Supreme Court nominee Elena Kagan is but a supporting actor in the drama that will unfold at her nomination hearings, which begin today. With the political composition of the Senate, the solicitor general will be confirmed.
The more interesting question is whether the hearings will elevate above the usual spate of buzzwords and gotcha games into meaningful discussion of constitutional interpretation. Indications are stronger than usual that they might.
For the first time in decades, the Constitution is a major issue in an election year. This is not because of reliably inflammatory social issues like abortion and gay marriage but because of fresh questions in the public consciousness about the role of the federal government. After over $1 trillion in bailouts and the hard‐won Obamacare colossus, Americans are correctly asking: Are there any limits to government power anymore?
To that end, here are some lines of questioning senators should explore with Ms. Kagan:
Can the federal government regulate activity that is neither commerce nor crosses state lines?
The interstate commerce clause says no, but the 1942 case of Wickard v. Filburn allowed the government to fine a farmer for growing too much wheat and not taking enough of it to market — because his actions, when aggregated with those of other farmers, could affect national wheat prices. How would Ms. Kagan have decided that case? If aggregating economic activity transforms that activity into interstate commerce, ask her to give examples of activities the government cannot regulate.
What can Congress force people to do under its power to regulate commerce?
The government only imposes three duties: register for the draft, sit on a jury, and pay income tax. All are fundamental duties of citizenship tied to specific constitutional provisions that have nothing to do with the Commerce Clause.
Senators can’t ask about the individual health care mandate — the issue will come before the Supreme Court — but how about a requirement to buy spinach or join a gym?
Can Congress make any crime a federal crime?
In 1946, Congress passed the Hobbs Act, which allows the federal prosecution of extortion and robbery that impedes the flow of commerce across state lines. The act is now used to prosecute crimes having no effect on interstate commerce. In United States v. Baylor, for example, the Sixth Circuit allowed the federal prosecution of a man who robbed a Cleveland‐area pizzeria because the shop obtained its flour, sauce and cheese from various states outside Ohio. There are many other examples where the federal government intrudes on states’ police powers.
Can the government rewrite leases, mortgages and other contracts?
The Depression‐era Supreme Court said yes because constitutional protections for property and contract rights can be sacrificed to “protect” homeowners. More recently, the court allowed the Chrysler bankruptcy to proceed even though the government subverted the rights of secured creditors. How would Ms. Kagan have voted in those cases?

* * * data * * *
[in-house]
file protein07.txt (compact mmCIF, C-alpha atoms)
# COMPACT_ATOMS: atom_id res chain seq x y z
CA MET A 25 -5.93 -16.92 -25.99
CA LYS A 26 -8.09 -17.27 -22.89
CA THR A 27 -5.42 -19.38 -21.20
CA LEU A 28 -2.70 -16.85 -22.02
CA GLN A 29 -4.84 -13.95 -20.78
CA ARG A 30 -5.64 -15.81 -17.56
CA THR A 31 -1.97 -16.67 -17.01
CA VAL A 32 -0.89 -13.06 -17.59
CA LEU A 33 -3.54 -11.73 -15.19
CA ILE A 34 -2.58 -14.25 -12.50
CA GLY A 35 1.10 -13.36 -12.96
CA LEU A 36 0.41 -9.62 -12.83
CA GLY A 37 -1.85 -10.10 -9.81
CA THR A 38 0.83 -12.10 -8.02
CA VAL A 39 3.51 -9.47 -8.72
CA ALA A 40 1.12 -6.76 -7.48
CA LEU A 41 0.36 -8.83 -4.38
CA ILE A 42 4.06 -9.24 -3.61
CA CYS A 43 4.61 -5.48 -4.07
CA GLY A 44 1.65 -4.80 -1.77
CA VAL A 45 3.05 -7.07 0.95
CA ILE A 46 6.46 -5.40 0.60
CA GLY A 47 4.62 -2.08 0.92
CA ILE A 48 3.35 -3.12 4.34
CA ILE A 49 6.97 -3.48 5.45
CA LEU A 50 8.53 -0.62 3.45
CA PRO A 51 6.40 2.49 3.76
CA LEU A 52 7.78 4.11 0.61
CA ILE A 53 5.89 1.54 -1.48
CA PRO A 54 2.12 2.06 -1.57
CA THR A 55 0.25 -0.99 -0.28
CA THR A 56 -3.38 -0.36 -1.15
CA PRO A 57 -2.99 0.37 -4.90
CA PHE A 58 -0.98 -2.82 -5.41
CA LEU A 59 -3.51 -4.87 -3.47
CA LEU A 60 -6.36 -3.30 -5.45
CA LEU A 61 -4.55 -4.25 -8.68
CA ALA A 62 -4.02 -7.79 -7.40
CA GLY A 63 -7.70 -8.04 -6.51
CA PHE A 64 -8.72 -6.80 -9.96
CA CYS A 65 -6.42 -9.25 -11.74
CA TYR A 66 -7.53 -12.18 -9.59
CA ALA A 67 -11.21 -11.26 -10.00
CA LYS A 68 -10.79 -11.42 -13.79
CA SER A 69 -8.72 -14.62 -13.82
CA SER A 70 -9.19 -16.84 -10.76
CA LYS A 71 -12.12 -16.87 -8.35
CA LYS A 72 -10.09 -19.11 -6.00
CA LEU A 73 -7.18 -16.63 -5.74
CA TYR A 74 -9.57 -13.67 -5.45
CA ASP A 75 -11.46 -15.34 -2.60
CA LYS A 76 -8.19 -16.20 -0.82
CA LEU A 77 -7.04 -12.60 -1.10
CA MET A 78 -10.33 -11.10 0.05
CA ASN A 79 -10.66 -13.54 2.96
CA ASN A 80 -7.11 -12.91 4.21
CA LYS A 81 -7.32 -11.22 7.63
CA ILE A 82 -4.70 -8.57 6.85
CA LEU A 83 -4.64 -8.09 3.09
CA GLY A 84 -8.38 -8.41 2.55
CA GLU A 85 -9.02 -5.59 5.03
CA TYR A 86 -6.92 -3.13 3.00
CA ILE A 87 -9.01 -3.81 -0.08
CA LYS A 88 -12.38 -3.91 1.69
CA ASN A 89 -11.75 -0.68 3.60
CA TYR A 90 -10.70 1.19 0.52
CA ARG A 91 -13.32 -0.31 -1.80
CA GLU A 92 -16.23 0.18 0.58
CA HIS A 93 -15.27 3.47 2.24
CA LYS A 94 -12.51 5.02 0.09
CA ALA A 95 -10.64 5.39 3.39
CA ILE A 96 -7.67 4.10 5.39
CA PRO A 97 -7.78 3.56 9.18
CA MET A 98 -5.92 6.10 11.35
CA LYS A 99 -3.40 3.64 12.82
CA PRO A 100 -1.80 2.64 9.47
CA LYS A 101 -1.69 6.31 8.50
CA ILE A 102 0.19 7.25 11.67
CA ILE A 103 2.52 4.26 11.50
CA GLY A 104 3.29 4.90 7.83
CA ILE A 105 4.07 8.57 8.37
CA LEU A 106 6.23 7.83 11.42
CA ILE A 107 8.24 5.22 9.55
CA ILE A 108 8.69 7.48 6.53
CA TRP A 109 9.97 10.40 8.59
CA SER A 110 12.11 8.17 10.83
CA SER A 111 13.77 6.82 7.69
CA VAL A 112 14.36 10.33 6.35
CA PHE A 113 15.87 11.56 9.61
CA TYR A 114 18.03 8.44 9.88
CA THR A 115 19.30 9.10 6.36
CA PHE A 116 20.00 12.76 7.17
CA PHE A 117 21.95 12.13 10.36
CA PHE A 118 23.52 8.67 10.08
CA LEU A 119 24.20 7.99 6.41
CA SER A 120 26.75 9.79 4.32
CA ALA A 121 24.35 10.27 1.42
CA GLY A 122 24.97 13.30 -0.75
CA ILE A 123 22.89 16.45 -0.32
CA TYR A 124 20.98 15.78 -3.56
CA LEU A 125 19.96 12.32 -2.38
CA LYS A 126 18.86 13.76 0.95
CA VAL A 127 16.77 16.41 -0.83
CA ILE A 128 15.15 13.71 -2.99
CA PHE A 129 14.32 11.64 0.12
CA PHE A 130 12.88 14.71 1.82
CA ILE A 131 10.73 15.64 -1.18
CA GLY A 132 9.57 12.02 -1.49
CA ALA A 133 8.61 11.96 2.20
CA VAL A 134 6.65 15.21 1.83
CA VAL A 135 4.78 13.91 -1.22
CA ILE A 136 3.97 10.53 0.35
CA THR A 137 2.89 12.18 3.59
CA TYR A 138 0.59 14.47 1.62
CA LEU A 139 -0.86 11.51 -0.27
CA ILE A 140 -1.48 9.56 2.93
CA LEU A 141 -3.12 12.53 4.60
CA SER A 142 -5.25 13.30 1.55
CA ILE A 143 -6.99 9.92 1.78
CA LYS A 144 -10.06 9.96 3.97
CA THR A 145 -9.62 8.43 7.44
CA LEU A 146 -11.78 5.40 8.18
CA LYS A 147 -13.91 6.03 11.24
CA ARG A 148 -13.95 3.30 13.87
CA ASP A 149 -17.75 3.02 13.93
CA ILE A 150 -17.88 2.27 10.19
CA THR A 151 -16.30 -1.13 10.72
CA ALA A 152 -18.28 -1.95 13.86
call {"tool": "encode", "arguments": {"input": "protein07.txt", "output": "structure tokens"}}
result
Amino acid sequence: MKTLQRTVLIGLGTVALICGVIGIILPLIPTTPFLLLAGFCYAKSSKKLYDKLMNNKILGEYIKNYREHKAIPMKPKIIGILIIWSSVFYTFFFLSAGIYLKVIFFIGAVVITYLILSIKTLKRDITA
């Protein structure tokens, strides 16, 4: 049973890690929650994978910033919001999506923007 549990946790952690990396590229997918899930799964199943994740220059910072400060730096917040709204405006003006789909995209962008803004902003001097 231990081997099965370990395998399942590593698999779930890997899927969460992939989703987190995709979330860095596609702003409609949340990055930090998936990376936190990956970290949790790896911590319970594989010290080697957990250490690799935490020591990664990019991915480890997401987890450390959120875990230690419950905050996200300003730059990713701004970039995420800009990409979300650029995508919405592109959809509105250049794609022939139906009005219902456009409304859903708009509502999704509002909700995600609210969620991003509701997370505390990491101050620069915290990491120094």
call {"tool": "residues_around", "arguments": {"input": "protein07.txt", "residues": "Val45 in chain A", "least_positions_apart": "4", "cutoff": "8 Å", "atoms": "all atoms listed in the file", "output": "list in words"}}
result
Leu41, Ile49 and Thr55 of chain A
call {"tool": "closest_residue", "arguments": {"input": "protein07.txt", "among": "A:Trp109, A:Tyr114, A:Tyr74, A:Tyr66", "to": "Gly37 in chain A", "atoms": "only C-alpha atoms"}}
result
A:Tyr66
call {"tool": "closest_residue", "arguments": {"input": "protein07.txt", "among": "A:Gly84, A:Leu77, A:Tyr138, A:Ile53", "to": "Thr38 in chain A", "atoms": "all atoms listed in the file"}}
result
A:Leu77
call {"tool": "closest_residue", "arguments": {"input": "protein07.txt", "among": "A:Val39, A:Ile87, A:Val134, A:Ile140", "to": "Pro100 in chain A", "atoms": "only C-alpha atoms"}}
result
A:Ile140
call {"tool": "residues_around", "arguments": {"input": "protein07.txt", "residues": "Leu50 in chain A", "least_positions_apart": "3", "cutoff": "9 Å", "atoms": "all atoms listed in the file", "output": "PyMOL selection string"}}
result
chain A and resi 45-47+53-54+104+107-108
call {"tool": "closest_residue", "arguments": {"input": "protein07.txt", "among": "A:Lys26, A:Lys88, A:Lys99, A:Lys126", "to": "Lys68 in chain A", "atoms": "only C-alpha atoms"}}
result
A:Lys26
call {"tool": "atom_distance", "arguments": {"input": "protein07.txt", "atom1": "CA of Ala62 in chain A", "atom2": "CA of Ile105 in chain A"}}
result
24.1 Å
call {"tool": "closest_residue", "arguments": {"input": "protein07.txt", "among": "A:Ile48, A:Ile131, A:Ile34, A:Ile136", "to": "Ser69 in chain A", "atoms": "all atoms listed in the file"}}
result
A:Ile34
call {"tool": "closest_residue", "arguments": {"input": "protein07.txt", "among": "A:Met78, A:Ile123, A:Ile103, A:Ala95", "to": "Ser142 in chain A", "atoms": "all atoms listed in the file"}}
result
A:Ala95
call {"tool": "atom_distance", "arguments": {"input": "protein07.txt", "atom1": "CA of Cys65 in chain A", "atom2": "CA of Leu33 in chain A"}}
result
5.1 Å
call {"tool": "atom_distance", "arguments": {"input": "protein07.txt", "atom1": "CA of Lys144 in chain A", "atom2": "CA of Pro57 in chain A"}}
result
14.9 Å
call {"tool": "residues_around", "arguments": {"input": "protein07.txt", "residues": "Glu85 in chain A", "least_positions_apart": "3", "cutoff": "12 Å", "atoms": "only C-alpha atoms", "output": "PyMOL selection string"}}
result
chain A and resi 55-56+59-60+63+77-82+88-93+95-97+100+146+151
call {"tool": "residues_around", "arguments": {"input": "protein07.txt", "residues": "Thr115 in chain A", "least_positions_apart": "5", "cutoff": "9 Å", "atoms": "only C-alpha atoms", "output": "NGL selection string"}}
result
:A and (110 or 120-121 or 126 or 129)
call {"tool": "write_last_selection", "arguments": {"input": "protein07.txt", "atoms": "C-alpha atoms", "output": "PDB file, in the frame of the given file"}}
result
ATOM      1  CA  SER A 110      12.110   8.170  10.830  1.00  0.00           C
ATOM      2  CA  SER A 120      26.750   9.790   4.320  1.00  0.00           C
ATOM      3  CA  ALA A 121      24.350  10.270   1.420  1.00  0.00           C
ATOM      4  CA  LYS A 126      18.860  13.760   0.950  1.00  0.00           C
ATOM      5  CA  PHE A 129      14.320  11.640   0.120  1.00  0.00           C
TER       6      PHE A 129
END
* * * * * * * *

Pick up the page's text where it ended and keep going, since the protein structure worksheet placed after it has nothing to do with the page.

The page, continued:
What kind of protections does the Fifth Amendment’s takings clause give to private property?
In the infamous 2005 case of Kelo v. New London, the city condemned people’s houses and gave them to a company that promised to use the land to create jobs and increase tax revenue. The court, in an opinion by Justice John Paul Stevens, whom Ms. Kagan would replace, approved this eminent domain abuse because the Fifth Amendment’s “public use” requirement included the “public benefit” contemplated here.
Justice Sandra Day O’Connor dissented: “Nothing is to prevent the state from replacing any Motel 6 with a Ritz‐Carlton, any home with a shopping mall, or any farm with a factory.” Which opinion would Ms. Kagan have joined?
Of course, Ms. Kagan will attempt to deflect these queries — or give a law professor’s explanation without providing her own views (which caused Sen. Arlen Specter to vote against her nomination to be solicitor general).
But the role of a Supreme Court justice is different from that of the solicitor general, who merely uses existing law to argue the government’s case. Moreover, as a leading scholar argued in an influential 1995 article, “the Senate ought to view the hearings as an opportunity to gain knowledge and promote public understanding of what the nominee believes the court should do and how she would affect its conduct.”
That scholar? Elena Kagan.
She continues: “The critical inquiry as to any individual similarly concerns the votes she would cast, the perspective she would add and the direction in which she would move the institution.”
If senators ask tough questions about the scope of government power and Ms. Kagan refuses to answer, Ms. Kagan will have failed the Kagan standard.